08/16/2016 12:22 EDT | Updated 08/16/2016 12:59 EDT

Canadians Aren't Satisfied With Their Current Work Schedules

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Working mom talking on the phone while holding a baby and typing on her laptop

Chances are more than half of the workers in your organization want flexible working options.

According to a recent Randstad survey, only 56 per cent of Canadians are happy with their current work schedules, ranking Canada 10th of 25 countries polled, behind countries like the United States, India and France. The survey also revealed that more than half of those surveyed would like to work variable hours every workday, longer days and shorter weeks or variable workdays every week. Almost two-thirds of Canadians (65 per cent) would also prefer telecommuting at least part of the time.

The trend has been on the HR radar for quite some time, but this new data paints a clear picture that Canadians, young and old, are now expecting more flexibility than ever before from their employers. What was once something to start thinking about is now impossible to ignore for companies looking to attract the country's top talent. Our new reality is that, in today's market, businesses need to recognize and adapt to the changing demands of workers if they want to get the staff they want and keep employees loyal and motivated.

For companies that are hesitant to embrace workplace flexibility, it's important to see the forest through the trees and understand that the positive ROI from a more engaged and productive staff will vastly outweigh the investment. In fact, in many cases there can be significant cost savings found in providing flexible options and, when employees feel like they can fit their work schedule into their life, rather than plan their life around their work schedule, they tend to be more engaged, happy and willing to contribute.

Of course, many Canadians (33 per cent of those surveyed) still prefer to work from the office every day and there are many jobs where flexibility is a challenge or just not possible. For such cases, employers can also offer alternatives like staggered hours, a compressed schedule or reduced hours during the off-peak season. Regardless of the options made available, it is clear that employees are expecting their leaders to at least carefully consider their individual needs.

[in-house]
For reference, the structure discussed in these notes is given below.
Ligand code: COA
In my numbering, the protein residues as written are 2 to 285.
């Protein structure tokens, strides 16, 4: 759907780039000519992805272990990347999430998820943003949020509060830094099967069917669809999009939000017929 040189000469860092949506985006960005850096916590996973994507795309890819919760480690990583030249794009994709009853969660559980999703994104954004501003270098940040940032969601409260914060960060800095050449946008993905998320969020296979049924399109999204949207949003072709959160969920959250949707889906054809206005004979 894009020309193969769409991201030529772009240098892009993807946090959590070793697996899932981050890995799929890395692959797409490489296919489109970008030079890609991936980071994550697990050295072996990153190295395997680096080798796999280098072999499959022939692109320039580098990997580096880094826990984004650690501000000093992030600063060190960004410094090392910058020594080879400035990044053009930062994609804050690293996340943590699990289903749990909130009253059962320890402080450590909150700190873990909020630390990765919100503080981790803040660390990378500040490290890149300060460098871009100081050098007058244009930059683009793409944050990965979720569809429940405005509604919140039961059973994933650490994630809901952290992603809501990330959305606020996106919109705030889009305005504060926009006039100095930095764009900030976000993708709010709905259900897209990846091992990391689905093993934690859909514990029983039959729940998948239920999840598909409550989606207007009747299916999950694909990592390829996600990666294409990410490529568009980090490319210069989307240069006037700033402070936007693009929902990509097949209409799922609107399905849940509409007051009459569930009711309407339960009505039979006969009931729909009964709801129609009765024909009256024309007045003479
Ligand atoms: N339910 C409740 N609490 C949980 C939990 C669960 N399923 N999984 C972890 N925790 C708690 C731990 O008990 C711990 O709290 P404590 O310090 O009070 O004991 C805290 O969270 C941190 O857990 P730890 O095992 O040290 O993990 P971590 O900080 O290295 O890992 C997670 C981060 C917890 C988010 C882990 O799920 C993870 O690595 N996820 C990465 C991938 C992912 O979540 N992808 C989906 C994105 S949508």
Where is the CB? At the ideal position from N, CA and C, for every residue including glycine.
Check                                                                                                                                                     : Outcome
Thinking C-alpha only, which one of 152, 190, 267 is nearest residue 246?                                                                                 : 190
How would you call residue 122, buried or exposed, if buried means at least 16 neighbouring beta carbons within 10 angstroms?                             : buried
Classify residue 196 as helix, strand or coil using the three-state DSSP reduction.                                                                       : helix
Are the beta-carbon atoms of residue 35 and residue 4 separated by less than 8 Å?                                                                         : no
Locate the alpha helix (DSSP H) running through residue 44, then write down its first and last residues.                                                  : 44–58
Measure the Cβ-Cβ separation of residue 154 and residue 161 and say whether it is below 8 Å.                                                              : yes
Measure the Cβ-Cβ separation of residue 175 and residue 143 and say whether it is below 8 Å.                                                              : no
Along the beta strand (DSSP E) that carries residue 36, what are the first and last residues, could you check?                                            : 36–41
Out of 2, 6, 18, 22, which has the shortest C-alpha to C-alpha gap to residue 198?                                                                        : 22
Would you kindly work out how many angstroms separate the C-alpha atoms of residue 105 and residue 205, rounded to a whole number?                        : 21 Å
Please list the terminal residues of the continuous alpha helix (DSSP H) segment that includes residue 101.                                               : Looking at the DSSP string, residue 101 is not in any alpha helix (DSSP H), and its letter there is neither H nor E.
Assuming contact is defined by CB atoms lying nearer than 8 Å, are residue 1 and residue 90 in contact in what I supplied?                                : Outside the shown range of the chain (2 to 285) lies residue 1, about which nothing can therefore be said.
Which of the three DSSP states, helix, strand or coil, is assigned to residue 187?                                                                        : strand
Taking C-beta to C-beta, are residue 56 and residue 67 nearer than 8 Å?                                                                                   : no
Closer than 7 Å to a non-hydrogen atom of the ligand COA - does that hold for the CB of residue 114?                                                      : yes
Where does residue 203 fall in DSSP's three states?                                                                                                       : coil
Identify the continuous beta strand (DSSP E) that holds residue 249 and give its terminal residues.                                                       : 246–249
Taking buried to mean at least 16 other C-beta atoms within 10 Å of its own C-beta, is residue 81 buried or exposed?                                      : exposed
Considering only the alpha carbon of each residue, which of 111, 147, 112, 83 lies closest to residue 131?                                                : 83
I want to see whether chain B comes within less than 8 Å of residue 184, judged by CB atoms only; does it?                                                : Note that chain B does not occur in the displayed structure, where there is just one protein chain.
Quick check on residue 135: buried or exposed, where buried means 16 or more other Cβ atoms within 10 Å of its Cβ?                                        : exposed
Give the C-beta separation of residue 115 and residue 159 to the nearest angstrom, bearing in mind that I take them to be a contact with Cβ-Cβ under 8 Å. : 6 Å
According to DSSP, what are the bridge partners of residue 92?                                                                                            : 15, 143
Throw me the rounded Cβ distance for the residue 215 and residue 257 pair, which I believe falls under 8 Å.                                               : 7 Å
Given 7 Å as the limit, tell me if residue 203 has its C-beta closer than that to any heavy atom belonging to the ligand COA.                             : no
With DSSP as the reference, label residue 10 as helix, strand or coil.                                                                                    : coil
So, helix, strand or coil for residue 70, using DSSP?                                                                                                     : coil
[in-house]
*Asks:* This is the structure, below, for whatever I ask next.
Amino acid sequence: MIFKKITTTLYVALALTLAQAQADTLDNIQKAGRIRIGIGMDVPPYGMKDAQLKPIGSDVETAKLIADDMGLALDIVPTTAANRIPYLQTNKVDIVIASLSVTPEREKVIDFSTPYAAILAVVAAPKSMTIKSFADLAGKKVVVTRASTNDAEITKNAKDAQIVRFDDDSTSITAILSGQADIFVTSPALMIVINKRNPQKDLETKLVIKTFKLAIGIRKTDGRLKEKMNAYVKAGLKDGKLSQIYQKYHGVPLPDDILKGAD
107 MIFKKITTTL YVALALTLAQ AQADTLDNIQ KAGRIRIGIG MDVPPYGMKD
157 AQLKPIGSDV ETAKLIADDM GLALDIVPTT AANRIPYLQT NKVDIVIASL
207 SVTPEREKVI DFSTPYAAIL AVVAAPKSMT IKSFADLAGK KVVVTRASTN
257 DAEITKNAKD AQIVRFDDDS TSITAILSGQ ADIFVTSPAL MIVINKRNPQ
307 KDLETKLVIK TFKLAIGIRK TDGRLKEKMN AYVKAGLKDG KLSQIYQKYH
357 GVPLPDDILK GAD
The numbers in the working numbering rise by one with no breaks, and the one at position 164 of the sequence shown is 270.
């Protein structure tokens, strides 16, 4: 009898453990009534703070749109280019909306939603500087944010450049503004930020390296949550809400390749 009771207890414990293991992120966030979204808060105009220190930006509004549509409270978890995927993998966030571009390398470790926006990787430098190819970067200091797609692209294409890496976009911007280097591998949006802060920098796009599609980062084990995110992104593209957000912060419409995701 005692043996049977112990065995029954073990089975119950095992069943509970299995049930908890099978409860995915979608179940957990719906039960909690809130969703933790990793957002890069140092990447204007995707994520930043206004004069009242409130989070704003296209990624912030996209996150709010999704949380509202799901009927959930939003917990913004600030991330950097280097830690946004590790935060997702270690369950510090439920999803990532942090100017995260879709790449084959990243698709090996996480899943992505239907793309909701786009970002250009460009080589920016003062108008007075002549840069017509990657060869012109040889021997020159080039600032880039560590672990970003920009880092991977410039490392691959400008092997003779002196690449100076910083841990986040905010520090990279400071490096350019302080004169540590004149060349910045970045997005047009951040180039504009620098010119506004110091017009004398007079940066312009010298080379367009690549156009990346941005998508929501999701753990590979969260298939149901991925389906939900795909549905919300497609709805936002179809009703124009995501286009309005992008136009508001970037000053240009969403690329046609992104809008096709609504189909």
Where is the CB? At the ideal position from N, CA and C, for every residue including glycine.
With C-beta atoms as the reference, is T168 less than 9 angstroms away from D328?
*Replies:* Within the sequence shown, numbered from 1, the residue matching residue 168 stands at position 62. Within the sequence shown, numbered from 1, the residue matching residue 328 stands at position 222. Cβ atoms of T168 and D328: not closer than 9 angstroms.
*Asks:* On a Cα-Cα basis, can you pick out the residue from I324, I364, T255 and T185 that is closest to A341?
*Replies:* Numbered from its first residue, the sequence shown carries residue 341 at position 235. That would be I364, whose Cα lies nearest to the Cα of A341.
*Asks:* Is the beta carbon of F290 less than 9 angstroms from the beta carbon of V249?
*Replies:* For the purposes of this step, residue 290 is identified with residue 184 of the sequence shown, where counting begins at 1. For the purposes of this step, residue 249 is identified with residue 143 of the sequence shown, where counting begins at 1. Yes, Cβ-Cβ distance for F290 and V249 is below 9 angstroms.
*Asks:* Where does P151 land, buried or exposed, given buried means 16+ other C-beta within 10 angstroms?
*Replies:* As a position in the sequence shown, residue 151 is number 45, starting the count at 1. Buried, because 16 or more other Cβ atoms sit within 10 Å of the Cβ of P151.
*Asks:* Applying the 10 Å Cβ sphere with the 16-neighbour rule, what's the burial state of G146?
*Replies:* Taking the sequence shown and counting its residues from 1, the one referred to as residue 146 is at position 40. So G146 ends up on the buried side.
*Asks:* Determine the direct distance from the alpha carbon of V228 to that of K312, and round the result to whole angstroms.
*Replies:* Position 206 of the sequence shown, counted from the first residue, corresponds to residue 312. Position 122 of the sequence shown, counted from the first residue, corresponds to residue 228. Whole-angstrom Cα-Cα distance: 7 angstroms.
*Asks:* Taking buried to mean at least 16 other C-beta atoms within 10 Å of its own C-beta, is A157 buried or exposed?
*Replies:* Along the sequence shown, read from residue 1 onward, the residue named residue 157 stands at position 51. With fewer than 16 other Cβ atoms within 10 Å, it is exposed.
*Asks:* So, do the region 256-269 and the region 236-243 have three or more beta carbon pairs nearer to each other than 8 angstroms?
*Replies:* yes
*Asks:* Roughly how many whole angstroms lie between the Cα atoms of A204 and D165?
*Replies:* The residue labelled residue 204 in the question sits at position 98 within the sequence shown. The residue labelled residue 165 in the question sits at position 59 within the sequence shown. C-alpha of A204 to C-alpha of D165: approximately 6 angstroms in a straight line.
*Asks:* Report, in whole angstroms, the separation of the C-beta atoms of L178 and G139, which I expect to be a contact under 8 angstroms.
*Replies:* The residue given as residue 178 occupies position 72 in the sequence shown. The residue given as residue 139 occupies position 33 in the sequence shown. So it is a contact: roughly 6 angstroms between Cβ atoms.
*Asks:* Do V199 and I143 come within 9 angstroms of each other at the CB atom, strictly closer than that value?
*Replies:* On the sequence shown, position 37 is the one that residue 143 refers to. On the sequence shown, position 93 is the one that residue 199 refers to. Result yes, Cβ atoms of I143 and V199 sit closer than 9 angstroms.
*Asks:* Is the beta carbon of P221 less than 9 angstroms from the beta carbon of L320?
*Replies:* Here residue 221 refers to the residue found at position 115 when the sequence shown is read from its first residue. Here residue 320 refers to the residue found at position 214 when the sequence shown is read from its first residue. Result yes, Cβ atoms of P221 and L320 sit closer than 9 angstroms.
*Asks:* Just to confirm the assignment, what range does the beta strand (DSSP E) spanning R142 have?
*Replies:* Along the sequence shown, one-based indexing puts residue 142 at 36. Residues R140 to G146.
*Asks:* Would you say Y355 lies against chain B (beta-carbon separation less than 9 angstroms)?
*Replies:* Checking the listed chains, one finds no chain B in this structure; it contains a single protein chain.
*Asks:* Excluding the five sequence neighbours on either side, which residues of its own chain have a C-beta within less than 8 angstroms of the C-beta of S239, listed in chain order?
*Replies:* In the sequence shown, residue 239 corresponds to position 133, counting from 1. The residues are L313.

The time to start these conversations is now and leadership teams should be providing managers and HR staff with the support and encouragement to explore flexibility.

Advice for business leaders on how to implement workplace flexibility responsibly and effectively:


Be in tune with your company culture and create open dialogue by encouraging staff to share their changing needs during casual discussions or performance reviews, or through more formal opportunities like surveys or focus groups. Find out what matters most and provide flexibility where it counts.

Take action.

The worst thing you can do is listen and not act. Show employees their voice matters by offering flexibility based on their feedback that's a win-win for both parties.

Lead by example.

Employees sometimes struggle to embrace flexibility even when it's offered because they're unsure if it's frowned upon behind closed doors. Whether it's working from home, taking advantage of staggered hours or leaving on time during summer hours, leadership should also take part in these company offerings.


To be an effective long-term solution, the arrangement needs to work for both the business and the employee. It's important to measure results and engage in open communication on an ongoing basis to find the right fit for all parties involved.

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